Indeed, of the 4.15 percent overall increase in expenditures, only a fraction pertains to additions in staffing. These include three full-time staff for the new proposed EEE program at Central School, an addition of five full-time equivalent special educators at the elementary level (and a reduction of 9 FTE paraeducators), .5 FTE guidance support at the high school, one FTE security person for the district, a .73 FTE to support the Office of Operations/Finance, and a .12 FTE assistant student mentor coordinator. The remaining drivers of the expenditures include benefit increases and salary contingencies to three collective bargaining groups. There are also, continuing service expenses such as existing tuition agreements and lease payment obligations, contracts with vendors for current services, the 2019 bond principal payment, and a vocational tuition expense increase.

The district also saw a revenue reduction of $746,154 or 6.19 percent due to several factors. One is due to Act 85, the healthcare recapture that resulted in a $468,817 loss of revenue over two fiscal years. A change in state reimbursement thresholds for special education also resulted in a $237,349 loss. In addition, a correction of the prior year’s anticipated revenue resulted in a $190,000 reduction.

Young noted that the loss of revenue and the mandated safety and security add to budget development challenges. Initially, Young had put three security officers in the budget, but ultimately had to reduce to one additional full-time officer as he received guidance to keep the tax rate increase under 4 percent.

Also, board member Bridget Burkhardt wondered if fellow board members felt comfortable with the lack of funding for a contingency teacher. In past budgets, the board has included $100,000 to cover an extra teacher should enrollment and class size prove to be an issue at the beginning of the school year. Historically, the district has needed to utilize this resource. As an exercise, the board added the $100,000 to their budget worksheet (the active document which shows adjustments to the tax rate based on fluctuating factors such as board-initiated adjustments or changes to equalized pupil counts). Adding this amount would have bumped the tax rate increase from 3.36 percent to 3.61 percent. It was decided the budget would remain at its recommended level.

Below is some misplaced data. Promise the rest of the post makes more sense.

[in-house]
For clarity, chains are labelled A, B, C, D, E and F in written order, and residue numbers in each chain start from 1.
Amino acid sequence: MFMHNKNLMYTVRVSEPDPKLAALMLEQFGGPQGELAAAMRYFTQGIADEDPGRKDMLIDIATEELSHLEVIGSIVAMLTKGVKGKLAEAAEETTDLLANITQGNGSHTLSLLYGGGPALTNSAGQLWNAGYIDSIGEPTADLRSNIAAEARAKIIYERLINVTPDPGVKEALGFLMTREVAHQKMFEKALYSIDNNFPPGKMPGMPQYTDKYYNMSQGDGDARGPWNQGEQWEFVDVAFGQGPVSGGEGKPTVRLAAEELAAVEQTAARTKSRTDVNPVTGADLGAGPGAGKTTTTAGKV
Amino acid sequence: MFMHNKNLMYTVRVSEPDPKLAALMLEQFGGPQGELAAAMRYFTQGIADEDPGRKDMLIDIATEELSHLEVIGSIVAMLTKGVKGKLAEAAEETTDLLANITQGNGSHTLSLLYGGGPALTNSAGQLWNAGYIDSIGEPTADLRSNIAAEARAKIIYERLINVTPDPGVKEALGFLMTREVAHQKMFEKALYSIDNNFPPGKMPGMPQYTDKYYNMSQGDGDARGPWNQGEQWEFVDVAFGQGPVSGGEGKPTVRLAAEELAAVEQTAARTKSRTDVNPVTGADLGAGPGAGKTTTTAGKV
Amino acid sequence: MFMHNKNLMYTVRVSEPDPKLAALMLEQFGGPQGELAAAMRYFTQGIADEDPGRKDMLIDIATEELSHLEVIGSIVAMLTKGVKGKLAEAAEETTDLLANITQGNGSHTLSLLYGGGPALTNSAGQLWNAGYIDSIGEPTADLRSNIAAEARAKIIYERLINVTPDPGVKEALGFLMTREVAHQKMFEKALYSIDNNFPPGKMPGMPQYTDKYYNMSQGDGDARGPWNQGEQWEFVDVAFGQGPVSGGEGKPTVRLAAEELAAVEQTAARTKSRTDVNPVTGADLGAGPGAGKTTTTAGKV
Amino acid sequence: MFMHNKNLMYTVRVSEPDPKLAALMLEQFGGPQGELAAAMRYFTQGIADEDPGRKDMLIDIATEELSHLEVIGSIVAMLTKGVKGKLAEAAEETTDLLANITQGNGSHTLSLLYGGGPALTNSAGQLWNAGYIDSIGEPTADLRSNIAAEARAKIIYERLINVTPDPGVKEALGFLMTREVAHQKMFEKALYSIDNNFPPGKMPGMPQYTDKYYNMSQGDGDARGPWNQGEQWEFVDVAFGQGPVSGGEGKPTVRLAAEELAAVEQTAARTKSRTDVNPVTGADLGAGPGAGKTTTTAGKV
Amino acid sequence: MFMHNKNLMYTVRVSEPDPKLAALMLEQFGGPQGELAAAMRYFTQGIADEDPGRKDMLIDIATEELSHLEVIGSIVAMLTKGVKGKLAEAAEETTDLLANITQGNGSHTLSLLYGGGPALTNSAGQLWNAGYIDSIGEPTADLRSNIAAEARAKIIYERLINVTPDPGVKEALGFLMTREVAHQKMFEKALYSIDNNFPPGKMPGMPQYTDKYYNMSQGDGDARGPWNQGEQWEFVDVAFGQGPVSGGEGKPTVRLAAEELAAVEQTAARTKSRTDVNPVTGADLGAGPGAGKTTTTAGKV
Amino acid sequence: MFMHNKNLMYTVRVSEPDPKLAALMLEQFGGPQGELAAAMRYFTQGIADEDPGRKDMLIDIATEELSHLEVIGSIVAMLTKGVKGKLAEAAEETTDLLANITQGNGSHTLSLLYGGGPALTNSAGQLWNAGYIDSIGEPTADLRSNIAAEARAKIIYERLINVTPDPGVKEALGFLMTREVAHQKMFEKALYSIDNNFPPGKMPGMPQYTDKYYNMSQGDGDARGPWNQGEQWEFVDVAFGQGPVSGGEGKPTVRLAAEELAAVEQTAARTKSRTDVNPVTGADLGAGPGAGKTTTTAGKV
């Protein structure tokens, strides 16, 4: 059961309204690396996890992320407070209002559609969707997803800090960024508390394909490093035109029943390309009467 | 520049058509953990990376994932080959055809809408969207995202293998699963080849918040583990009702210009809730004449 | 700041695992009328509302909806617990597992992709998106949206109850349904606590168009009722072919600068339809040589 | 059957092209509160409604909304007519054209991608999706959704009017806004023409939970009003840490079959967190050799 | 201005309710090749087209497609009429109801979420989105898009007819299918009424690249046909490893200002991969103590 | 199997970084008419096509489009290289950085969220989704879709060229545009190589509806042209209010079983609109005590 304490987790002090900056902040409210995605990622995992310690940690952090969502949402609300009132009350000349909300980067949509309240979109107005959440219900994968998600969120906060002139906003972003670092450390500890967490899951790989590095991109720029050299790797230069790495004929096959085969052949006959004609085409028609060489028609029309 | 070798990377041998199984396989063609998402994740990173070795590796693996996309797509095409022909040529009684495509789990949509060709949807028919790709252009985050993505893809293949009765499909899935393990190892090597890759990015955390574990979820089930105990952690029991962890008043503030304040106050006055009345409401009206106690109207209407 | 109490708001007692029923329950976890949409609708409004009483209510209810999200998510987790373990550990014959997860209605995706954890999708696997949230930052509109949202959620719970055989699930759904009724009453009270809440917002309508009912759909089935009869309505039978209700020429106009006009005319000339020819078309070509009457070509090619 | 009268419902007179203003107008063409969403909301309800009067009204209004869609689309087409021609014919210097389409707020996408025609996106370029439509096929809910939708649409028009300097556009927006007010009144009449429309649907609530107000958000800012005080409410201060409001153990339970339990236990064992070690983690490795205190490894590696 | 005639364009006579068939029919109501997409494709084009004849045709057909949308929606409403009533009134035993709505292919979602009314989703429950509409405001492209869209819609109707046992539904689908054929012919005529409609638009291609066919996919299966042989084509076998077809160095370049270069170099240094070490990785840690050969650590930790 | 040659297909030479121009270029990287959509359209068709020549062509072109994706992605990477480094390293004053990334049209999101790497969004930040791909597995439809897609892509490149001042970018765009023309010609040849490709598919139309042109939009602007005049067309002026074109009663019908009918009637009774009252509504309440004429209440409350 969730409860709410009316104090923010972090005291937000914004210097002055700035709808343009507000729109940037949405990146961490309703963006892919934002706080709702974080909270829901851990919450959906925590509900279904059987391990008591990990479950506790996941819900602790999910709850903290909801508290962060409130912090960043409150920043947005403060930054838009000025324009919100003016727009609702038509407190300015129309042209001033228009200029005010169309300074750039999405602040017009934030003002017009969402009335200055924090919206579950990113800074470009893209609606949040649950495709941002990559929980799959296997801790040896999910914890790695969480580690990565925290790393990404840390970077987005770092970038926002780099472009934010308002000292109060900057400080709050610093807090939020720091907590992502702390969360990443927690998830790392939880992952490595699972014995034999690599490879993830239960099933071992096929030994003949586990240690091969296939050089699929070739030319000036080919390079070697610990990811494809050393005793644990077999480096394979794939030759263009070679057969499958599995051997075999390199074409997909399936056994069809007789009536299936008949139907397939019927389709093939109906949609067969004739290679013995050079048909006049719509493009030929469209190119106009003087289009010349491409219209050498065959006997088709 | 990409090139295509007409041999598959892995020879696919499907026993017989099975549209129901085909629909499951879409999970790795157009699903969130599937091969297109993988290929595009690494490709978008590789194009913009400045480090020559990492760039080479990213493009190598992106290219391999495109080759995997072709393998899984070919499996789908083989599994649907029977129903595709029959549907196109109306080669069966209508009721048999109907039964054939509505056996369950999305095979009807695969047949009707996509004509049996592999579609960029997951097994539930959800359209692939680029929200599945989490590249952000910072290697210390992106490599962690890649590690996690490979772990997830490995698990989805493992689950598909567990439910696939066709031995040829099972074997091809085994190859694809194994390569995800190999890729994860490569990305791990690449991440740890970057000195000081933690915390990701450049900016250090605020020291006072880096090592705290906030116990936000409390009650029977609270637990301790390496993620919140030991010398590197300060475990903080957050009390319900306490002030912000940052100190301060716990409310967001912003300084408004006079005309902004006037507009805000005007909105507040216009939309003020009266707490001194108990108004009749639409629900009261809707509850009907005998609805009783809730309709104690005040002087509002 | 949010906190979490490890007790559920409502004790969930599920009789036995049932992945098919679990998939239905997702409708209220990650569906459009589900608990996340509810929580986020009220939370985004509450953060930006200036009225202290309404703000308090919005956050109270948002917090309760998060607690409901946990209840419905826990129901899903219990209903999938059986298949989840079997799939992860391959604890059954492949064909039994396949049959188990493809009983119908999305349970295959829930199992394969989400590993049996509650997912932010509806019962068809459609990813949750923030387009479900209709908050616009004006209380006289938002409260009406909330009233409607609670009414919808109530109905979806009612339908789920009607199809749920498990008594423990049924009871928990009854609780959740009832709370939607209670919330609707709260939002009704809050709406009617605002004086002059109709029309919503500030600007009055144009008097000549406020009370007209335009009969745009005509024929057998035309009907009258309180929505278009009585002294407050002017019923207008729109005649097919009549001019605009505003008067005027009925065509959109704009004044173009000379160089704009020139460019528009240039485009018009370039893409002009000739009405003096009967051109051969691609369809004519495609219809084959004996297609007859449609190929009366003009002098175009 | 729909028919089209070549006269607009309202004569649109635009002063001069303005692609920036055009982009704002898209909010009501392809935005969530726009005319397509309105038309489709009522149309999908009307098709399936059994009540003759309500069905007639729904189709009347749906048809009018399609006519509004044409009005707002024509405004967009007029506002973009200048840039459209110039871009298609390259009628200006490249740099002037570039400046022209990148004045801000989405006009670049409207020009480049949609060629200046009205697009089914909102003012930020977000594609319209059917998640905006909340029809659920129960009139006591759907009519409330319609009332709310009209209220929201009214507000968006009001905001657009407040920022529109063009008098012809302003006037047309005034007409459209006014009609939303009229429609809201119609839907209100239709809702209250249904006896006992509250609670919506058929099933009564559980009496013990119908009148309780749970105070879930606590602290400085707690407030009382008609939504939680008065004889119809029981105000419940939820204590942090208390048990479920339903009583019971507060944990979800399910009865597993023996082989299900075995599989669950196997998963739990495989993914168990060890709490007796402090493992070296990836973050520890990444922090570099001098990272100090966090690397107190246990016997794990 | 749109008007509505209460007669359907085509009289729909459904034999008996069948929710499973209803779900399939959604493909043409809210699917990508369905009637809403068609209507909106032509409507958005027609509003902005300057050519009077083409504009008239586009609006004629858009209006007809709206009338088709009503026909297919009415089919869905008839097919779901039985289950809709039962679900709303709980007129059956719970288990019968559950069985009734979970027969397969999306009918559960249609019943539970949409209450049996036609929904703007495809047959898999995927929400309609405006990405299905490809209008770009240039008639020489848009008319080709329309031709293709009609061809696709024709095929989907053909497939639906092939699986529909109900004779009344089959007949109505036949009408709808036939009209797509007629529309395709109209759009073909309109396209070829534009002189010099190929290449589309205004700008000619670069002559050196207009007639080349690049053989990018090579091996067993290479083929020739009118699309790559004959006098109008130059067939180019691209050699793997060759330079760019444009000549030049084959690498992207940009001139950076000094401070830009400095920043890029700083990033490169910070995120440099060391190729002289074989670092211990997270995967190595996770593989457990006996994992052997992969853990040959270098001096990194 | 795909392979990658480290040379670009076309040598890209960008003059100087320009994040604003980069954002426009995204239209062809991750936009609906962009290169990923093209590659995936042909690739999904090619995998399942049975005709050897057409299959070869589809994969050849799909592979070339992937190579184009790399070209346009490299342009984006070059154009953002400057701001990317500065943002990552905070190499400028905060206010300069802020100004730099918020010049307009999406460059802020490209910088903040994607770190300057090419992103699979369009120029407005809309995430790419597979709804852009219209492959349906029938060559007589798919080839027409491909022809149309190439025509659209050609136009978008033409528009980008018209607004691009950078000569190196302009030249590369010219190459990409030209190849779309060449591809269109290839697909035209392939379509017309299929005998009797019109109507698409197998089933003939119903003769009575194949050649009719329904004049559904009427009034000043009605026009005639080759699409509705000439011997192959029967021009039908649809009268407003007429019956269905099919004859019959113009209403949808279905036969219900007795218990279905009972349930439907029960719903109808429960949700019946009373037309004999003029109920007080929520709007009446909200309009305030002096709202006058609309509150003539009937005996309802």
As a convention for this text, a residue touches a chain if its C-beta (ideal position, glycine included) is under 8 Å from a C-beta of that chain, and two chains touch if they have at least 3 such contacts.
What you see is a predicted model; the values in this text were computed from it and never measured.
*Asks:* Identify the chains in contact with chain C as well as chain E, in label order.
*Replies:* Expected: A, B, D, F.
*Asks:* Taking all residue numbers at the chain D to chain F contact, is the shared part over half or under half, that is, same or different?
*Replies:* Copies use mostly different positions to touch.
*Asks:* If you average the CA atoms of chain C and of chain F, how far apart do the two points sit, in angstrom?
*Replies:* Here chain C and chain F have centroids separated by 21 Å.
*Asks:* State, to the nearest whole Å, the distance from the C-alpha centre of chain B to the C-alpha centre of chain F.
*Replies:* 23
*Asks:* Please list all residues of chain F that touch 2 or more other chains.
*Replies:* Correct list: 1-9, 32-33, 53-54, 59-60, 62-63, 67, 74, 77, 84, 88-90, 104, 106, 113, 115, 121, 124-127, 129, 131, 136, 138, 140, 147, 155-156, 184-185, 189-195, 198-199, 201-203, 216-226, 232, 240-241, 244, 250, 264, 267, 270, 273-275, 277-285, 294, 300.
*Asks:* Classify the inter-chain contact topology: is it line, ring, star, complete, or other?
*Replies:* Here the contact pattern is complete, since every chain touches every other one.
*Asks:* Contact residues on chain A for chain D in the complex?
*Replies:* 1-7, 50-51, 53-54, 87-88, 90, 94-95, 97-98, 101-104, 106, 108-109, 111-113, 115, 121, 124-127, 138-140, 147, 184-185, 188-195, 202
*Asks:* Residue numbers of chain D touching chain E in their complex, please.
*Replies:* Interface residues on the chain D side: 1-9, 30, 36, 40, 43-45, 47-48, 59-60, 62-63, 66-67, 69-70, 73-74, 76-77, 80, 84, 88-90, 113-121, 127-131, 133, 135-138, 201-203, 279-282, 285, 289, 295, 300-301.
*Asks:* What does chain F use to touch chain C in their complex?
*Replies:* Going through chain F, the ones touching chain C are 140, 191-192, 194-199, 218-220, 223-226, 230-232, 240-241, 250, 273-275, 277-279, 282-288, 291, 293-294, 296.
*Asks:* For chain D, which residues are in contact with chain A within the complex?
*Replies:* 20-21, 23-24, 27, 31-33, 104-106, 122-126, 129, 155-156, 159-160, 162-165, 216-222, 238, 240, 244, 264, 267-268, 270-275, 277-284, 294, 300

Fitzgerald said she continued to have concerns around the number of FTEs, but this year, the message around the budget should be that the board and administration have done their due diligence. She said if they had made further cuts to the budget, it is likely that programming would have been the line item impacted by those reductions.

Next up, the board and administration will work on communicating the budget and explaining its objectives to staff, parents/guardians at PTO meetings, and to the public. Superintendent David Young and Board Chair Elizabeth Fitzgerald will present the budget and answer questions live on Channel 17 next month. On March 4, the day before Town Meeting voting on March 5, there will be a final opportunity to ask questions and glean information about the budget at the Tuttle Middle School Cafeteria. In the meantime, go to for more information.